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Old 07-07-2006, 08:02 AM   #1 (permalink)
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Have ice cubes changed over time?

I don't mean specific ice cubes, I mean ice cubes in general. I seem to remember my grandparent's ice cubes being very clear and HARD as rocks. You couldn't bite into them without hurting your teeth. They were big and clunky.

My ice cube maker thing now puts out ice cubes that are very dense and white on the very center, but clear and watery on the edges. They're pretty wimpy. It seems like my parent's ice cubes were about half way between -- they used ice cube trays. Square and solid, but not teeth-breaking.

My office has an OLD "ice-making machine" that I used to fill my Nalgene with today, and it had the old hard-as-nails ice cubes.

Have you noticed a change in the consistency of ice cubes over your lifetime or is just me being paranoid?
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Old 07-07-2006, 08:10 AM   #2 (permalink)
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It probably has more to do with the variation in freezers and makers than some conspiracy theory to soften our vital fluids.

A real cold freezer and cubes frozen in trays will make very solid cubes. An automatic ice cube maker in a slightly warmer freezer will result in softer, "wimpier" cubes. But there's no reason you couldn't turn up your freezer and buy some trays and make the old-school ones.
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Old 07-07-2006, 08:14 AM   #3 (permalink)
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How much are they paying you?
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Old 07-07-2006, 08:51 AM   #4 (permalink)
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How solid and how clear it is depends on how much air is in it and how fast it cools - Fast freezing ice cubes (31 degrees and that area) would be brittle and airy, like most of your ice machines that are apart of your fridge.

An old school ice machine probably freezes them at much lower temperatures and the water that it freezes it in is probably all connected so that no air can get into the machine where the water is (unlike one you would find in a freezer that's in a fridge)

Just a guess, though
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Old 07-07-2006, 09:44 AM   #5 (permalink)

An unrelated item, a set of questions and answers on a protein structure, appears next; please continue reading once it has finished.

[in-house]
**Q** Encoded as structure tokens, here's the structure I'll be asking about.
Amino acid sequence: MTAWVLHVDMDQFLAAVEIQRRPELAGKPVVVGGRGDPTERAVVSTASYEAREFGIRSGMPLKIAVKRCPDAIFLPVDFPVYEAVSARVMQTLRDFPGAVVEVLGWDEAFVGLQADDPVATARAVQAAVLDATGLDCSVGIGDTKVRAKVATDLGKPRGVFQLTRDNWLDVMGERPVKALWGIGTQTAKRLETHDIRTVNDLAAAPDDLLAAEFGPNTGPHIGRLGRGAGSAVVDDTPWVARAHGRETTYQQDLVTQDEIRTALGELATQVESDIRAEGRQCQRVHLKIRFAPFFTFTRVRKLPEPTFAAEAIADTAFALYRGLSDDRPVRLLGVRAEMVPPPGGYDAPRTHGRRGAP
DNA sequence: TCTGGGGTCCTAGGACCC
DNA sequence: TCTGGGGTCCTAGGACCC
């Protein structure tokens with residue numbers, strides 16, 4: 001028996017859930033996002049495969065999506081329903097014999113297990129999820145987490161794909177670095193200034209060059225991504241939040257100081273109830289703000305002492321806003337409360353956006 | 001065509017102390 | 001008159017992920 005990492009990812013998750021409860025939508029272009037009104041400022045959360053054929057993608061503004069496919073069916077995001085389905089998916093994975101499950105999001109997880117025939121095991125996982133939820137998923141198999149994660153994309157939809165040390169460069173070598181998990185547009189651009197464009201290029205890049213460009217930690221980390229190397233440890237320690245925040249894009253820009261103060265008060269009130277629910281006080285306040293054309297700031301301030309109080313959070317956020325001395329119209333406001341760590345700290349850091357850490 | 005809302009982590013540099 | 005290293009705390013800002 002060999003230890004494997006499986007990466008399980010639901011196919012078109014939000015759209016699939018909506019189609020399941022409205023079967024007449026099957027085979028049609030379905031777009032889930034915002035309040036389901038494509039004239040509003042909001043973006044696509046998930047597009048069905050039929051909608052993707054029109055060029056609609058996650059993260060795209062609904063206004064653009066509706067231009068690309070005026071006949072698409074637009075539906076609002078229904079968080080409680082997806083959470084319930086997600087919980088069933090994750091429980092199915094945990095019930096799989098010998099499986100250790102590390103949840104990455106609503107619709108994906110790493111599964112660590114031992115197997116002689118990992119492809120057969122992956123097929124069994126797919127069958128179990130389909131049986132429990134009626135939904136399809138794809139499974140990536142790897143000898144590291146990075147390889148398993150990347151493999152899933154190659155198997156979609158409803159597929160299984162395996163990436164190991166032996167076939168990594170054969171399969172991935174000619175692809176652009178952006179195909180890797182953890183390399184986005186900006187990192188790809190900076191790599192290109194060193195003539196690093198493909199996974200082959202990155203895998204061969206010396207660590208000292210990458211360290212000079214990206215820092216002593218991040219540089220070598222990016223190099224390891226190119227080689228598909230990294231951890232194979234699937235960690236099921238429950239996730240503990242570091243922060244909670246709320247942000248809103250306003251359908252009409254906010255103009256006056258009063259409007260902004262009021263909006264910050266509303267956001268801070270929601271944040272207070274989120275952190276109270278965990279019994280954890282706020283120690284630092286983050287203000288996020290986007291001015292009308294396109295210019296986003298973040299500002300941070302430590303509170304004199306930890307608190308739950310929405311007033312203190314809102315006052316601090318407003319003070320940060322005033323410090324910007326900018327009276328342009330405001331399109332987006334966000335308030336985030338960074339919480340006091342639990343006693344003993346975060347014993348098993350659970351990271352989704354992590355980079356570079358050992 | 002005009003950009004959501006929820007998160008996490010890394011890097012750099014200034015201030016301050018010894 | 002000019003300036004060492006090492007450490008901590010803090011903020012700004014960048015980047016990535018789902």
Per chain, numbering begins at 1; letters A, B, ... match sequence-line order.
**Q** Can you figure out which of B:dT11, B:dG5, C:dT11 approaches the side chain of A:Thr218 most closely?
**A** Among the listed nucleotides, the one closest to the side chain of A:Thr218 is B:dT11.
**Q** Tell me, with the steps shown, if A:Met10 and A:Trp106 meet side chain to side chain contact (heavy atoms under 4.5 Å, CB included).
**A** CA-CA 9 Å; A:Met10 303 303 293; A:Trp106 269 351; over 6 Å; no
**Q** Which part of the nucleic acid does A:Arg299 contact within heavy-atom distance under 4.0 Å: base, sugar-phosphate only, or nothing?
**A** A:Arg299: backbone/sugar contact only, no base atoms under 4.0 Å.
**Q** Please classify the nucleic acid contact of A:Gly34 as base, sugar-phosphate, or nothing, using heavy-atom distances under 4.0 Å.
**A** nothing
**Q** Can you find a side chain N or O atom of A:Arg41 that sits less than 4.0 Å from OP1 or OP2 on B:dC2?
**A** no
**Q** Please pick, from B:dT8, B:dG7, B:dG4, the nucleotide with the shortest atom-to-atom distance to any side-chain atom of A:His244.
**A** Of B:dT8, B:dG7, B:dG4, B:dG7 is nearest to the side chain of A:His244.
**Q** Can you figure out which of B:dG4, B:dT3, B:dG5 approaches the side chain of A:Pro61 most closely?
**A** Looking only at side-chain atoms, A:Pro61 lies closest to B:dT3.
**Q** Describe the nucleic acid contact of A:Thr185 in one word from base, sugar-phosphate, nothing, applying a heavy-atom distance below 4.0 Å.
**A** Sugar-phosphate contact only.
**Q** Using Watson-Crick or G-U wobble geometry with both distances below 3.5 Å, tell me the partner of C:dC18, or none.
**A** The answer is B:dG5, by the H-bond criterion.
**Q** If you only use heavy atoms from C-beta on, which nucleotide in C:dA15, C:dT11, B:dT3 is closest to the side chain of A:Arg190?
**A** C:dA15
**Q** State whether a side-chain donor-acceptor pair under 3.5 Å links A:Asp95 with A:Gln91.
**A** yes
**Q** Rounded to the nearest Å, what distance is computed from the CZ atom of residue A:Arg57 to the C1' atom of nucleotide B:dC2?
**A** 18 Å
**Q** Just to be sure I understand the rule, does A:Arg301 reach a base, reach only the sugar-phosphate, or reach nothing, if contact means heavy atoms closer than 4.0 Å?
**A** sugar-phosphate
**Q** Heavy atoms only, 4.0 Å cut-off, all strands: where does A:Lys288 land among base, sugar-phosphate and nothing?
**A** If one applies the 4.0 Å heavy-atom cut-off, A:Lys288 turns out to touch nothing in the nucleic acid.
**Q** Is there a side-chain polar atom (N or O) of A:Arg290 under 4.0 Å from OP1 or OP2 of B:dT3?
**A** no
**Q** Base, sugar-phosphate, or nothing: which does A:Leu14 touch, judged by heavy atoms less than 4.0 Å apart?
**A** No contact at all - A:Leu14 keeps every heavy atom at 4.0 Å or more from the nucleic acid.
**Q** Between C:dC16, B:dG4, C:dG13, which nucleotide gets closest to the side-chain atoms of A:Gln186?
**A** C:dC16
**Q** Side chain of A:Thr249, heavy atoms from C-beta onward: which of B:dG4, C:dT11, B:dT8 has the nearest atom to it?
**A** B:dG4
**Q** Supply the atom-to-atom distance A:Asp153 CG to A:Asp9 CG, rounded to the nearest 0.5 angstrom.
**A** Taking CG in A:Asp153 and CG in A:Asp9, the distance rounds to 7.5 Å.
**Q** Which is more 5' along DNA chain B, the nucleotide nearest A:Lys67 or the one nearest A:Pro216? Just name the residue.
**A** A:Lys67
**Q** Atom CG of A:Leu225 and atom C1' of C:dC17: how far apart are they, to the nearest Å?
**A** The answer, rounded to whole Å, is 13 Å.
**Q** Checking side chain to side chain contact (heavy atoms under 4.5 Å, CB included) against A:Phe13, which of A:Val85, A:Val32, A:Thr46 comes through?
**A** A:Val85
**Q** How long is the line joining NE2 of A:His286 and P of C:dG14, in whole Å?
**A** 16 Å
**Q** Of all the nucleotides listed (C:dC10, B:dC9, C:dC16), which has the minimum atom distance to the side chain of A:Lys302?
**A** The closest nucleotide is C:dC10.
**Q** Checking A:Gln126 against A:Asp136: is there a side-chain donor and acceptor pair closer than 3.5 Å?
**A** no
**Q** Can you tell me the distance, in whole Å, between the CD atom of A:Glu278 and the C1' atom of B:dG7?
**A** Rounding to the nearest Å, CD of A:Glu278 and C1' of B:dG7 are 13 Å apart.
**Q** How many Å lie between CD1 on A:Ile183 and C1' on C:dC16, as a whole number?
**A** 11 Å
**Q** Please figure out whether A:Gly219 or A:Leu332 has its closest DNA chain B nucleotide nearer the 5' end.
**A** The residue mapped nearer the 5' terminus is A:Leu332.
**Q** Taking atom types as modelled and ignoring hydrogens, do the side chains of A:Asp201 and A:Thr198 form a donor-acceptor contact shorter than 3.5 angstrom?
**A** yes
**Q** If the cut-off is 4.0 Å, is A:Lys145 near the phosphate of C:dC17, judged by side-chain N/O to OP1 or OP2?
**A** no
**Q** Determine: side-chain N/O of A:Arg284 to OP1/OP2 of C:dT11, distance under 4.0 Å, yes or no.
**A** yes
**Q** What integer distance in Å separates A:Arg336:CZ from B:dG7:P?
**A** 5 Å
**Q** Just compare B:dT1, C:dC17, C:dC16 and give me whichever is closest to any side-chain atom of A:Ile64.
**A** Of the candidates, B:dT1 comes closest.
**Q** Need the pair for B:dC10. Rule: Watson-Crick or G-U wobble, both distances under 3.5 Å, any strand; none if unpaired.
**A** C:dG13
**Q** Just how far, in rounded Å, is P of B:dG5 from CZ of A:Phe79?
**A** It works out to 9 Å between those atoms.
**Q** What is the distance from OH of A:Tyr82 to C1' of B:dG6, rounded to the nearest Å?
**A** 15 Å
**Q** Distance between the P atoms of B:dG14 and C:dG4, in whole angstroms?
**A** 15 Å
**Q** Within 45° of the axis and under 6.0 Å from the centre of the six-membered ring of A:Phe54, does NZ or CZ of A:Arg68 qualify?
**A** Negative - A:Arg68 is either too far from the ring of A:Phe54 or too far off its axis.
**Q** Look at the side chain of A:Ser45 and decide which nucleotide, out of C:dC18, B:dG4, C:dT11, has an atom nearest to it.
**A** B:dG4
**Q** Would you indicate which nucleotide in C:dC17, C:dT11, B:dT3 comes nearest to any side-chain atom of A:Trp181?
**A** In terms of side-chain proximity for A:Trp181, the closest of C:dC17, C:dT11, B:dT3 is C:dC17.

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I would say its more likely the crap that's in the water these days that makes it different. Chlorine, fluoride, chemicals to keep the pipes free of build-up...
The 'white' in ice cubes is minerals. Thus, ice made from tap water would vary from place to place as much as the water does.
Pure distilled water makes clear ice. I use filtered water for mine.
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Old 07-07-2006, 10:01 AM   #6 (permalink)
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As a dedicated (addicted?) ice-cruncher, I prefer the wimpier ice cubes. I have at least as many different descriptors for ice as eskimos have for snow I hate the hard cubes, but love the slushy granuly ice from ice machines in restaurants. My favorite kind, though, is a very aerated ice cube that is split and results in a yielding texture that just about melts as you crunch it. Perfection. Mmm....
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Old 07-07-2006, 10:15 AM   #7 (permalink)
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How stuff works: How do you make clear ice cubes?
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Old 07-07-2006, 10:24 AM   #8 (permalink)
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Quote:
Originally Posted by lurkette
As a dedicated (addicted?) ice-cruncher, I prefer the wimpier ice cubes. I have at least as many different descriptors for ice as eskimos have for snow I hate the hard cubes, but love the slushy granuly ice from ice machines in restaurants. My favorite kind, though, is a very aerated ice cube that is split and results in a yielding texture that just about melts as you crunch it. Perfection. Mmm....